“I…” Rayani began to say when she heard the two of them return. She turned and smiled warmly at Raulin. It was wiped away when she saw him draw his hand from Anla’s back. Her face clouded over when she saw the pleased look on Anla’s face and her wet lips. It lasted just a moment before she swallowed her anger and gave a hard smile.

“Al and I were discussing some things. We think that what your ledgerer has may be contagious,” she said.

“Then I’m sorry to have brought you here,” Raulin said. He sat on a fallen log behind Al and Anla joined him.

“I think it might be safe to quarantine myself with your group until we safely know whether I carry the disease.”

Raulin and Anla exchanged looks quickly, remembering his suspicions. “None of the three of us have what Telbarisk has,” he said. “We’ve been together for a few weeks now, so I’d feel one of us would show some symptoms.”

“I’m feeling a little hot,” Al said.

“Could that be because you’re sitting in front of the fire? Perhaps you should take a dunk in the river. Sir,” he added.

“And miss the conversation with this lovely woman?” Raulin noted that Rayani looked hopeful for a moment. “Besides, I’m watching over Telbarisk, too.”

“Yes, your ledgerer needs all the care he can get.”

It couldn’t have been fun for Rayani. She had to continue a rather banal conversation with Al while Raulin and Anla flirted within her sight. Every time she looked at them for respite, Anla was making coquettish glances at Raulin or giggling at his jokes. In turn, Raulin leaned in when she spoke and made his voice pleasant, but low.

Rayani might have said something to Al about his “wife”, but Raulin had ripped a page from the back of his ledger and was asking Anla for information. Of course, he made it as intimate as possible. Raulin had just removed a non-existent fly from Anla’s shoulders when they heard the thumping steps and wheezing breaths of two adolescent boys. Raulin moved quickly away, as if he had been caught doing something wrong, as Anla stood to greet them.

“We’re ready,” Chian said. “Ebri is with Sarnif. We’ll be back with her in three days, no later.”

“And you’ll brush her down and feed and water her tonight? Your father told you which inn to stay at?”

“Yes, Mother. The reason I’m so late is because Da spent most of the time lecturing me on stuff I already know.”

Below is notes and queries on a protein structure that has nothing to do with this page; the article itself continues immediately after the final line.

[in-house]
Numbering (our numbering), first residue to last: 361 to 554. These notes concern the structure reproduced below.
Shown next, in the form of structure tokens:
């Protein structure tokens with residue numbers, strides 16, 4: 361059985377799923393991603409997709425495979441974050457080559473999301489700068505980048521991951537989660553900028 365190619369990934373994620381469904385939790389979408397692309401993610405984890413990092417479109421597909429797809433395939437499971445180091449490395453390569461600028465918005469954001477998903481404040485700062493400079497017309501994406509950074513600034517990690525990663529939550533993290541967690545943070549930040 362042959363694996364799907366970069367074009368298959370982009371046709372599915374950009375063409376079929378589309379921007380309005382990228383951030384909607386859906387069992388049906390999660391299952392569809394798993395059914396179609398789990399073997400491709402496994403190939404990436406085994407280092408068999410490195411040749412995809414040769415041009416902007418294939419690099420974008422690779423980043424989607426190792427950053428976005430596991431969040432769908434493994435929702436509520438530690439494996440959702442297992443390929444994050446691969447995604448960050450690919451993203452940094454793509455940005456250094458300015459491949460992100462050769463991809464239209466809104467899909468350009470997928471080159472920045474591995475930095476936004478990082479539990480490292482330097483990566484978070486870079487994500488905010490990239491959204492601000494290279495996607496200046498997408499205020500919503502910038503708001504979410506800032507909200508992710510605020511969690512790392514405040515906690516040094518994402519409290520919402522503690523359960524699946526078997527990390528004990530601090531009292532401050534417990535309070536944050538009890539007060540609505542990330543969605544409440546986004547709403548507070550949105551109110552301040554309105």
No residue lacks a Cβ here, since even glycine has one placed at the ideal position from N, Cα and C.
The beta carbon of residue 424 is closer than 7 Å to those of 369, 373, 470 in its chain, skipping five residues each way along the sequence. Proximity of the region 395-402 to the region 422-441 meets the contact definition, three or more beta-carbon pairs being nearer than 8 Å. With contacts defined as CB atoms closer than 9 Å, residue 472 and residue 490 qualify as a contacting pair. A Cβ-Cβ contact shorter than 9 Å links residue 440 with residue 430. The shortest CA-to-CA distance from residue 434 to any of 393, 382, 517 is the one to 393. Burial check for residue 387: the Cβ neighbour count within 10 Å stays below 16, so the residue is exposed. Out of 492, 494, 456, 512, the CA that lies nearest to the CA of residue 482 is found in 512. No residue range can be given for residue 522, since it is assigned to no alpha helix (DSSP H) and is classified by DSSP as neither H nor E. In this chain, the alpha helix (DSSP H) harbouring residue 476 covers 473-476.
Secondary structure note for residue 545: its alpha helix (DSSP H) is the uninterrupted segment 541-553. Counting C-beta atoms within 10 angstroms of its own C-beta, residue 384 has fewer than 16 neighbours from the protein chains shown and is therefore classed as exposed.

She walked over, hugged him, and gave him a kiss on his cheek. “Be safe. I love you.”

“Love you, too,” he said, looking impatient and embarrassed.

Raulin handed him the letter and two gold coins. “One for the doctor and one for your trouble. We appreciate you doing this.”

He nodded, a little stunned at the amount of money in his hands, and walked away. He turned and said, “Thank you!” before he picked up the pace and took off.

Rayani brushed her pant legs off. “Well, I think I should head back. My husband is terrible with cooking.”

“Oh, I thought you said you were quarantining yourself here,” Al said.

“Well, you did say none of you have any symptoms. And you three have already been in contact with many people in the town. I don’t believe it’s necessary for me to stay any longer.”

“We thank you for your generosity,” Raulin said.

She nodded at him rather coolly, but her eyes flashed when she looked at Anla. Almost too low to hear, Rayani said, “whore” to her before she walked out of camp.

Raulin saw Anla bristling and put out his hand to silence her. “Our priestess is hypocritical,” he said once Rayani was out of earshot. “Don’t be mad.”

“That’s exactly why I’m mad! The nerve of her. I’m the whore? She’s the one who’s married.”

“What was that about?” Al asked.

“Nothing, Wizard. Lady stuff. Best to stay out of it. Who’s idea was it to put your stole around the tree?”

“Mine,” he said proudly.

“Well, I thank you for the marker, but if you’re supposed to be a regular merchant, why would you have a wizard’s stole?”

Al opened his mouth the speak then closed it. Raulin moved next to him and lightly squeezed his shoulder. “We need to have a discussion about what information you allow people to know. No ‘I know, Raulin’. We’re going to hash this out. Sit,” he said, gesturing to the log near the fire. “Get comfortable. We’re going to be a while.”